Tingari Cycleby George Tjungurrayi
With the use of lines and concentric circles this artwork depicts a map which recounts the travels of the Tingari ancestors. During their journey the ancestors performed ceremonies, shaped the landscape, created certain sacred sites. They instilled law to the Pintupi people of the Western Desert.
George Tjungurrayi was born in approximately 1947 near Kiwirrkurra in the Gibson Desert, in Western Australia. His nickname is “Hairbrush” and stems from his amazing thick locks of hair. I, (Sabine Haider, Director Central Art) have always been fascinated with Western Desert Art, in particular, George Tjungurrayi. I am intrigued with the linear patterns and the ancient Dreamings behind those bold lines. George Tjungurrayi is really one of a kind; his strong and powerful physical presence reminds me of a warrior. He has a great sense of humour but is very serious about his work. I adore his hair, totally out of control! We often laugh because I say “George, as well as being a well known artist, your hair is also famous”
George commenced painting in 1976 for Papunya Tula Artists shortly after the first wave of Western Desert art had burst onto the world art scene. His brother Willy Tjungurrayi and older sisters Nancy and Naata Nungurrayi are also very well known Papunya Tula Artists. His childhood and early manhood were spent in the bush around the Gibson Desert, leading a traditional lifestyle away from the Western influences of the world until curiosity got the better of him and he stumbled into the Warlpiri settlement of Yuendumu. In the late 1960’s he moved to the Aboriginal settlement of Papunya in Central Australia. His traditional country spans across traditional sites around Wala Wala, Kiwirrkurra, Lake Mackay, Kulkuta Karku, Ngaluwinyamana, and Kilpinya to the north west of Kintore across the Western Australian border. He is a traditional Pintupi man.
His paintings depict the Tingari Cycle and refer to his ancestral country, the stories and various sacred sites surrounding the area such as Wala, Kiwirrkurra, Lake Mackay, Kulkuta, Karku, Ngaluwinyamana and Kilpinya. His homeland is a clay-pan type environment where water soakages are used by travelling men and the small flesh Mungilypa shrub grows profusely. His artworks are in keeping with typical Western Desert imagery bound by subtle hues of reds, oranges, whites and brown however his art style has evolved to now include brighter colour tones which dominate his canvases.
Central Art has several of his artworks titled “Tingari Cycle” and “Mamultjulkunga”. The artworks refer to the significant sites of George’s traditional homelands and ancestral country in Central Australia. They depict the Tingari Cycle which is a group of ancestral spirit beings who travelled around creating the land forms, performing ceremonies and instilling the law and culture to the Pintupi people. The lines and concentric circles within the artworks depict the map which recounts these travels.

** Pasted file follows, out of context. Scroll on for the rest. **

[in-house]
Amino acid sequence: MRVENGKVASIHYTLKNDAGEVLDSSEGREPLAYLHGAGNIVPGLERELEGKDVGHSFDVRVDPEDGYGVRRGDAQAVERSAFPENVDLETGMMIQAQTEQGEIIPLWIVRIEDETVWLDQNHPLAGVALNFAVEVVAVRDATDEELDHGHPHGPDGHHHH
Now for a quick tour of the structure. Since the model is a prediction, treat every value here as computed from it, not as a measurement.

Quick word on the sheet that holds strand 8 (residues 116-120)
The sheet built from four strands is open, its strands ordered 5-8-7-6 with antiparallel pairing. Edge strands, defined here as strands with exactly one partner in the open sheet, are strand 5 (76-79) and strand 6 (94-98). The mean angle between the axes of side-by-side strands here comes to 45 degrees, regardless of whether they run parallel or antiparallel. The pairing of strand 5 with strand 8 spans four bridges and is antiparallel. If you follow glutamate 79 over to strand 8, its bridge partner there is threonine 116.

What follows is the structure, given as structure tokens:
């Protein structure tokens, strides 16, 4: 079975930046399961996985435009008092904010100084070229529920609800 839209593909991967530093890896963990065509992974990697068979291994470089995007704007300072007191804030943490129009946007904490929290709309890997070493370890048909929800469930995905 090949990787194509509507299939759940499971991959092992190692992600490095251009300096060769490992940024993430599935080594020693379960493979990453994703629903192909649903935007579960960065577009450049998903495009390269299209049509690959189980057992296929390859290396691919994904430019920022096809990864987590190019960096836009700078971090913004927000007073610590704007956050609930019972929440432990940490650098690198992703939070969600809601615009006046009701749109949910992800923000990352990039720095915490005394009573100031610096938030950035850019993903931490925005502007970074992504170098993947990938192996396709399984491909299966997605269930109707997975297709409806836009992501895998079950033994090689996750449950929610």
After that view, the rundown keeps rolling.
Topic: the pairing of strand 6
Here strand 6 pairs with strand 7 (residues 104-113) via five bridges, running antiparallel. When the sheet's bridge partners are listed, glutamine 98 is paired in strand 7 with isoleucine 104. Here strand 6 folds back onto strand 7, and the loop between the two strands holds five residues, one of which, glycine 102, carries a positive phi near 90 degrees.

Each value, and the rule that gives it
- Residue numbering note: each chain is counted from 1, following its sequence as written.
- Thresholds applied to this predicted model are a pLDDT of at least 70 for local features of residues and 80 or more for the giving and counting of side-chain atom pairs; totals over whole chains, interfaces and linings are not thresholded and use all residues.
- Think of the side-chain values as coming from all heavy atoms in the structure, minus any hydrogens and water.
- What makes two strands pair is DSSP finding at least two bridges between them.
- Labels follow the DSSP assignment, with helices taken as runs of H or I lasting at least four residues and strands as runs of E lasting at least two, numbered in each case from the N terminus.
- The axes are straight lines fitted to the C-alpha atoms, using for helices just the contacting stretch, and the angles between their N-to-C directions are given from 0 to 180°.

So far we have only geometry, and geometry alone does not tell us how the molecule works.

In 1997 George developed a new expression of the Tingari, the Pintupi’s creation figures, this breakthrough led him to his first solo exhibition and was the beginning of him becoming one of Australia’s most collectable Indigenous artists. He has since been voted “The Most Collectable Artists” by the Australian Art Collector magazine and has his artworks in multiple collections worldwide. He has held seven solo exhibitions and been in countless others worldwide. In 2006 one of his paintings was highly commended for the 34th Alice Prize, and in 2010 and 2011 he was highly commended for his entry into the annual National Aboriginal and Torres Strait Islander Art Award and he works have been selected entrants on multiple occasions. This is Australia’s most prestigious art award and his repeated entries only further confirm not only his talent but collectability.
George spends the majority of his time with his wife, Nanupu Nangala and family in his community in Kintore which is approximately 700kms west of Alice Springs. He has five children and a large extended family. He is highly collectable and certainly worth considering as an investment piece particularly if you appreciate Western Desert art.
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Important copyright notice
The Copyright of all images and documentation remains with Sabine Haider. The Australian Copyright Act protects all artists from unauthorised copying by giving control over original works of art to the artist by law. However depending on the use proposed, Sabine Haider from Central Art – Aboriginal Art Store can facilitate reproduction of works with the permission of the artist as we have developed close relationships over the years with many individual painters and craftspeople.
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